Vancouver Sun columnist Vaughn Palmer speaks with The Record's Marcie Sillman about whether Canadians are paying attention to the partial government shutdown in the US, Canadian spies snooping around in Brazil and the country's national anthem, which has been accused of being sexist.

Flickr Photo/Jared Kelley

Radiolab is a show about, as the creators simply say, curiosity. It looks into questions on science, philosophy and the human experience. This year, they are touring around the country with their live show, "Apocalyptical." Marcie Sillman talks with hosts Robert Krulwich and Jad Abumrad about their roots and translating science to radio.

Flickr Photo/Ray Terrill

The Seattle Sounders play the Vancouver Whitecaps today. If they win or draw the game they will clinch the Cascadia Cup. The Cascadia Cup was made official in 2004 by the fans of the Portland Timbers, Seattle Sounders and Vancouver Whitecaps, but its history goes even further back.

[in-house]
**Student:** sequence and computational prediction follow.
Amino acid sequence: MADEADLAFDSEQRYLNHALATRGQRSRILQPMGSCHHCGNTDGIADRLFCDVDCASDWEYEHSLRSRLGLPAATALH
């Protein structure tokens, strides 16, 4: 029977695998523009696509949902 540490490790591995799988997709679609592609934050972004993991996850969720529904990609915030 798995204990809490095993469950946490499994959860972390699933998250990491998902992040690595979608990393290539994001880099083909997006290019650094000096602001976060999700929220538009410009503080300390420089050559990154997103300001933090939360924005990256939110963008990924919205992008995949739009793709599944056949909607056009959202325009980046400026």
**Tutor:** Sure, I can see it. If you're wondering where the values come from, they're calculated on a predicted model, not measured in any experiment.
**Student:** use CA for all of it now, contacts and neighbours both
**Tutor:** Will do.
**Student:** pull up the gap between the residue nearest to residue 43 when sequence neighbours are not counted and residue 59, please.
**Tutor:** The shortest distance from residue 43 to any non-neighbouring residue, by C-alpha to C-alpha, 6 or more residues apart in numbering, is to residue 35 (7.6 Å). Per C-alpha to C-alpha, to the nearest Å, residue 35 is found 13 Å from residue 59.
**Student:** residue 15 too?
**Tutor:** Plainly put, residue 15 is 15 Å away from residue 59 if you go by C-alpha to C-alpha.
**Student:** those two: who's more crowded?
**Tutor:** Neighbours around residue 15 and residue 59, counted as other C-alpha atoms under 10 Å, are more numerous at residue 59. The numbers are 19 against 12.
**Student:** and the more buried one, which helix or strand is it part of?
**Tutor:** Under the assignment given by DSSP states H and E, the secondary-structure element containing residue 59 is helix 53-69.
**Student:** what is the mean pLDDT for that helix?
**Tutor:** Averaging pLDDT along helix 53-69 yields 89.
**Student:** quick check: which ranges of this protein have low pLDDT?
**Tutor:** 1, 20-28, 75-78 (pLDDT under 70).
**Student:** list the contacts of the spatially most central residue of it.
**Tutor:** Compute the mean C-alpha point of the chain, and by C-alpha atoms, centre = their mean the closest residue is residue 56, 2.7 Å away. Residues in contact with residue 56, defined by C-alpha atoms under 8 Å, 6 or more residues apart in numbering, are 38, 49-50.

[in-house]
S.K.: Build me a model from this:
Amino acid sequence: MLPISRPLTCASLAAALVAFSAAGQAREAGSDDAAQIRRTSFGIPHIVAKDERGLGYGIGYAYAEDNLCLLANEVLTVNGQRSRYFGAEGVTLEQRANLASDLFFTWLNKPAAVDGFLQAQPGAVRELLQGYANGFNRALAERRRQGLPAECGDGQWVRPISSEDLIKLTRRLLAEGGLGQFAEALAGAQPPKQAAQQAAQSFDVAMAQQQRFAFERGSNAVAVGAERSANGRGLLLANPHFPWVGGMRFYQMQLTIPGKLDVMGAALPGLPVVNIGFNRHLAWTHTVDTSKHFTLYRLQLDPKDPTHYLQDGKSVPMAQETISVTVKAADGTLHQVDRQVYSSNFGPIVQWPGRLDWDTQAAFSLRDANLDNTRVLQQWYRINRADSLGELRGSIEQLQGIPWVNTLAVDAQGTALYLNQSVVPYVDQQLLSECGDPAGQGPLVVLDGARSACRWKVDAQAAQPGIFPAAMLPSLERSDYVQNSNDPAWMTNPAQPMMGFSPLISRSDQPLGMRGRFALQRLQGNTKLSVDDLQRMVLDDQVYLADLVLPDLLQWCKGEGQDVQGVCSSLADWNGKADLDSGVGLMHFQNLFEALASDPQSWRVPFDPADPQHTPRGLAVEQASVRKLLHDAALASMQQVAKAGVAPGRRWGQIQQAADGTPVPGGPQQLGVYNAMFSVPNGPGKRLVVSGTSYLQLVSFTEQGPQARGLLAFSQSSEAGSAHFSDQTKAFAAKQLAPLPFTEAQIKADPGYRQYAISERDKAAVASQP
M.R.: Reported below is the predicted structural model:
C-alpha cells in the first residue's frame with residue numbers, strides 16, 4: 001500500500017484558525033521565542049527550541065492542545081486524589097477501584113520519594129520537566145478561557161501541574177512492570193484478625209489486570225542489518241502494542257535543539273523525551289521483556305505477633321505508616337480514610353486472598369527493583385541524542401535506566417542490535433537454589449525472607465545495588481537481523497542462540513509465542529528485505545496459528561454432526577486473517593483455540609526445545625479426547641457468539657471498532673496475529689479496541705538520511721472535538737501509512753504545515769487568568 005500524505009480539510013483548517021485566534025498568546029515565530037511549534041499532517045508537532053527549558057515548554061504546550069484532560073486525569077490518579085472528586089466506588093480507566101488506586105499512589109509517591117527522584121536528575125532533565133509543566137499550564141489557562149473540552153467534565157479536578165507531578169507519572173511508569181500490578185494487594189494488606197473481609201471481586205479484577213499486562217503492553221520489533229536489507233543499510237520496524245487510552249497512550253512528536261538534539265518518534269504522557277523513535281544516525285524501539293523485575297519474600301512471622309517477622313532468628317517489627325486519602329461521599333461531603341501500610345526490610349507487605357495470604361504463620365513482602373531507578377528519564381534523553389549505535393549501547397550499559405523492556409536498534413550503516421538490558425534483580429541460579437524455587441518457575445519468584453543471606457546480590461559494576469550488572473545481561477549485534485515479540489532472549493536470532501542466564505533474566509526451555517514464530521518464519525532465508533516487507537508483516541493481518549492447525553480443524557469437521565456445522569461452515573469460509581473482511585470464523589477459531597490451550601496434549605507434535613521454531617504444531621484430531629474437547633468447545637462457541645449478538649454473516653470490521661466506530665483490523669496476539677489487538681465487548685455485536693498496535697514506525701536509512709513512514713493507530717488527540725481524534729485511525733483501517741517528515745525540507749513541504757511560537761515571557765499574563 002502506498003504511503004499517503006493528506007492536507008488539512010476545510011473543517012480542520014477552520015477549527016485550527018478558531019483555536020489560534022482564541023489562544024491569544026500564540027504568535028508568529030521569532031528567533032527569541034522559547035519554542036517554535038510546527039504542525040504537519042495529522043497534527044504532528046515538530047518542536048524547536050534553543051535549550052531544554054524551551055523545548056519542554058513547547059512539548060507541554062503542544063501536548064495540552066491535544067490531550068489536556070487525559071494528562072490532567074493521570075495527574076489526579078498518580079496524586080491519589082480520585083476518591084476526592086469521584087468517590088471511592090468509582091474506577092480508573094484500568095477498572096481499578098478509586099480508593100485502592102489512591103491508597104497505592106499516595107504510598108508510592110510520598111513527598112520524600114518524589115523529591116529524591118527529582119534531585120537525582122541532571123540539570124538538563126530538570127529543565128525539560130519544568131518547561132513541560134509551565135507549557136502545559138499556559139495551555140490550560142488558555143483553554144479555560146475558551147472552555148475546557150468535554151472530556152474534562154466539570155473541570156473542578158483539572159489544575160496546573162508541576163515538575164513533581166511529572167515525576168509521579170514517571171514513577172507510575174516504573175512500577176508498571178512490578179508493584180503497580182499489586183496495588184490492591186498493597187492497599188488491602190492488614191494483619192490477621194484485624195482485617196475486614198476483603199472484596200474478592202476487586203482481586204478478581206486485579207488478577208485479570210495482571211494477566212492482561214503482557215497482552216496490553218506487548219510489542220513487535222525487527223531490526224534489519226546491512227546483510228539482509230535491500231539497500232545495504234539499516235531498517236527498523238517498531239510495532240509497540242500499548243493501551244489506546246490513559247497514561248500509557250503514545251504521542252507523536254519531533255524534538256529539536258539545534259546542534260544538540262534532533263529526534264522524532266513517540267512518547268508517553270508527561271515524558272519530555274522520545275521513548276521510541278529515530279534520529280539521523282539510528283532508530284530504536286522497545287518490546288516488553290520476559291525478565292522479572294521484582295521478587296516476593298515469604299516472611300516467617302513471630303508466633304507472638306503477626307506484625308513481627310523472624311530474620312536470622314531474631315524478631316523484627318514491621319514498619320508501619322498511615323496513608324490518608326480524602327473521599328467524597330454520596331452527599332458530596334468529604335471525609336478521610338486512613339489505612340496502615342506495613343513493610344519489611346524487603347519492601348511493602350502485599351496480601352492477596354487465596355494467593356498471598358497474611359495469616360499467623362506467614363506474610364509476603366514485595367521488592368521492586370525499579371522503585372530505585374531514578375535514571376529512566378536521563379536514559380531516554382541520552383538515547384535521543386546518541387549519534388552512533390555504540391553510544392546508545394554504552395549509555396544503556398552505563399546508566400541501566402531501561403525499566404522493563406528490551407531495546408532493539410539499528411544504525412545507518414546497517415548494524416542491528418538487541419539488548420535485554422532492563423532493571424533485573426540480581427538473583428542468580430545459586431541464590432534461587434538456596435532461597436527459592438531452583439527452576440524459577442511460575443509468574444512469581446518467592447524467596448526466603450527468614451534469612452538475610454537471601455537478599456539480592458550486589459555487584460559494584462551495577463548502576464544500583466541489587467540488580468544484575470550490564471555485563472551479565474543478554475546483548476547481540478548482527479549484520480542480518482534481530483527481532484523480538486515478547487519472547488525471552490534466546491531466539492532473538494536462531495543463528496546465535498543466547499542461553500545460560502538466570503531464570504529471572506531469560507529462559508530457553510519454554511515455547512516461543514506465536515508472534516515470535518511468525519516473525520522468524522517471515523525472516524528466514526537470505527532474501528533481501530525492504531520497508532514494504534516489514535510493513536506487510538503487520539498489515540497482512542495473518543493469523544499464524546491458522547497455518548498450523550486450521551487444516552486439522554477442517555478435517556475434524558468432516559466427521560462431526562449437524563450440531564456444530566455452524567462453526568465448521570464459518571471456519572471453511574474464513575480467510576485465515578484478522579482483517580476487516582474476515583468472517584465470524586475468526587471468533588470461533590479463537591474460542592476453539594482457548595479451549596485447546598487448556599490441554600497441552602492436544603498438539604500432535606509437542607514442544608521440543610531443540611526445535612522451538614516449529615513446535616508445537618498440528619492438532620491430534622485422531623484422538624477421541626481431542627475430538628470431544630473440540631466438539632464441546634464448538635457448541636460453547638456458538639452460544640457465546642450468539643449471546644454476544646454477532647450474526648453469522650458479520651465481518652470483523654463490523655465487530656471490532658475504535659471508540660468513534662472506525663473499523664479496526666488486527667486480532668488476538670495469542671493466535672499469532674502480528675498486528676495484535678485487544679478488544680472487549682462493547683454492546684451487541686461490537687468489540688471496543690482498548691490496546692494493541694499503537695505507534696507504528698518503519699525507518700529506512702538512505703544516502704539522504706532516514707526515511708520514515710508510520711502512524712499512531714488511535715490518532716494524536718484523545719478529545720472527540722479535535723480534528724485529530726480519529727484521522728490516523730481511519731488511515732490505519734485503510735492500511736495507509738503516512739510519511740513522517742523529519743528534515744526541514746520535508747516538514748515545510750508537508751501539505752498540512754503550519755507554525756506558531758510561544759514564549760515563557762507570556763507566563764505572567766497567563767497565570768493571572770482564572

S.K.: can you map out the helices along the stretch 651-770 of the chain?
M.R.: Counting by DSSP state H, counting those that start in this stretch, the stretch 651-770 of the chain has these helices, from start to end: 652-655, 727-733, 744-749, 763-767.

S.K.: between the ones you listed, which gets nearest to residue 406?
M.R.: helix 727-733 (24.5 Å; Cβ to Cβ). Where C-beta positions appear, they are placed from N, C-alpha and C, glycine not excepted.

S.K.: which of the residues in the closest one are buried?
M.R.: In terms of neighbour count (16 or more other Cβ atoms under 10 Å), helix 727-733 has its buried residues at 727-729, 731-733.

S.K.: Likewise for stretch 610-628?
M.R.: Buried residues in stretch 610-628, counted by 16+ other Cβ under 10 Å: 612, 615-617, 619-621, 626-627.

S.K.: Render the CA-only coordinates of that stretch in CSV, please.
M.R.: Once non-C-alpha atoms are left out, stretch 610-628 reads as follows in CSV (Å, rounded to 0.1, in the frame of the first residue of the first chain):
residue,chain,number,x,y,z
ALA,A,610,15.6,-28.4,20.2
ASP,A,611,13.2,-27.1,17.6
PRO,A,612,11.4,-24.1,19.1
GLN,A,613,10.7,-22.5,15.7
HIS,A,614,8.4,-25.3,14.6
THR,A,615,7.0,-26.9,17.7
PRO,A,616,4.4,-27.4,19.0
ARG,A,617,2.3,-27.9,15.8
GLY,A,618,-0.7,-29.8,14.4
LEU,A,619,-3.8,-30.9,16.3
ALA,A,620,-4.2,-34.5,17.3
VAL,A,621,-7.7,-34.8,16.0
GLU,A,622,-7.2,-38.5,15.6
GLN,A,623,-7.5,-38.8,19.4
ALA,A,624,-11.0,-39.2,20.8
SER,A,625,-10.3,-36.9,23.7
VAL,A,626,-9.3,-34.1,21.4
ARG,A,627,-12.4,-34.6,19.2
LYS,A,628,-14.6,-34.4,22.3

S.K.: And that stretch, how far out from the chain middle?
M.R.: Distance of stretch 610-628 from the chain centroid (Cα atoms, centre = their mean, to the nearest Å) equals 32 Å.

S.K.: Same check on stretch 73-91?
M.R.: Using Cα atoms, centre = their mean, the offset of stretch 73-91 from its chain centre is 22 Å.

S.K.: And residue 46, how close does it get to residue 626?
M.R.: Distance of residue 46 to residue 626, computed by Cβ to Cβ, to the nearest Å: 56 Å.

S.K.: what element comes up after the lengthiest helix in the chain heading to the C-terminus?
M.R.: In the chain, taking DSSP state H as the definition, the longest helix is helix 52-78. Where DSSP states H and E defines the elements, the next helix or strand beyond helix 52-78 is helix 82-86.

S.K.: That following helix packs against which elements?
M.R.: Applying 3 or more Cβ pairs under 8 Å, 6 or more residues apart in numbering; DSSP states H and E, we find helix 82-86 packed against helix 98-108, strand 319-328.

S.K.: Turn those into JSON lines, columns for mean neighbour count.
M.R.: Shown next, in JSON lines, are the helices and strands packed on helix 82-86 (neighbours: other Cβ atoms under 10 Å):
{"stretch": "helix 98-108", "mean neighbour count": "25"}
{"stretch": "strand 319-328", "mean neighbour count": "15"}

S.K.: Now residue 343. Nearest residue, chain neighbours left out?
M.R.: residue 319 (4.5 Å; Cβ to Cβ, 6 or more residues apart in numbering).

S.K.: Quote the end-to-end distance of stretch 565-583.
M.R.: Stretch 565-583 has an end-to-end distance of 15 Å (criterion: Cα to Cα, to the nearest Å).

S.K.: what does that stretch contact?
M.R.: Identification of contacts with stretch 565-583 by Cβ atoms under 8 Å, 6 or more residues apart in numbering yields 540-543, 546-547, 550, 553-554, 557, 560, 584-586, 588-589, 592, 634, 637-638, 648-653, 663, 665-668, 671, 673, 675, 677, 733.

Before the Cascadia teams were a part of Major League Soccer they played each other in the North American Soccer League and the United Soccer League. Even then, fans would drive the I-5 corridor to attend sell-out games with their banners and voices primed for cheering.

KUOW Photo/Marcie Sillman

Seattle's international reputation has been burnished by the city's thriving technology industries, by the hip independent music scene, and even by the ubiquity of Starbucks. But 100 years before latte vendors squatted on every city corner, Seattle was a thriving maritime hub. It still is.

KUOW Photo/Bond Huberman

Cauliflower. It's a pretty white vegetable that most of us were served boiled, steamed and frankly, pretty tasteless. But autumn cauliflower has the potential for big flavor, according to former chef and Seattle food writer Sara Dickerman. The trick lies in how you prepare it.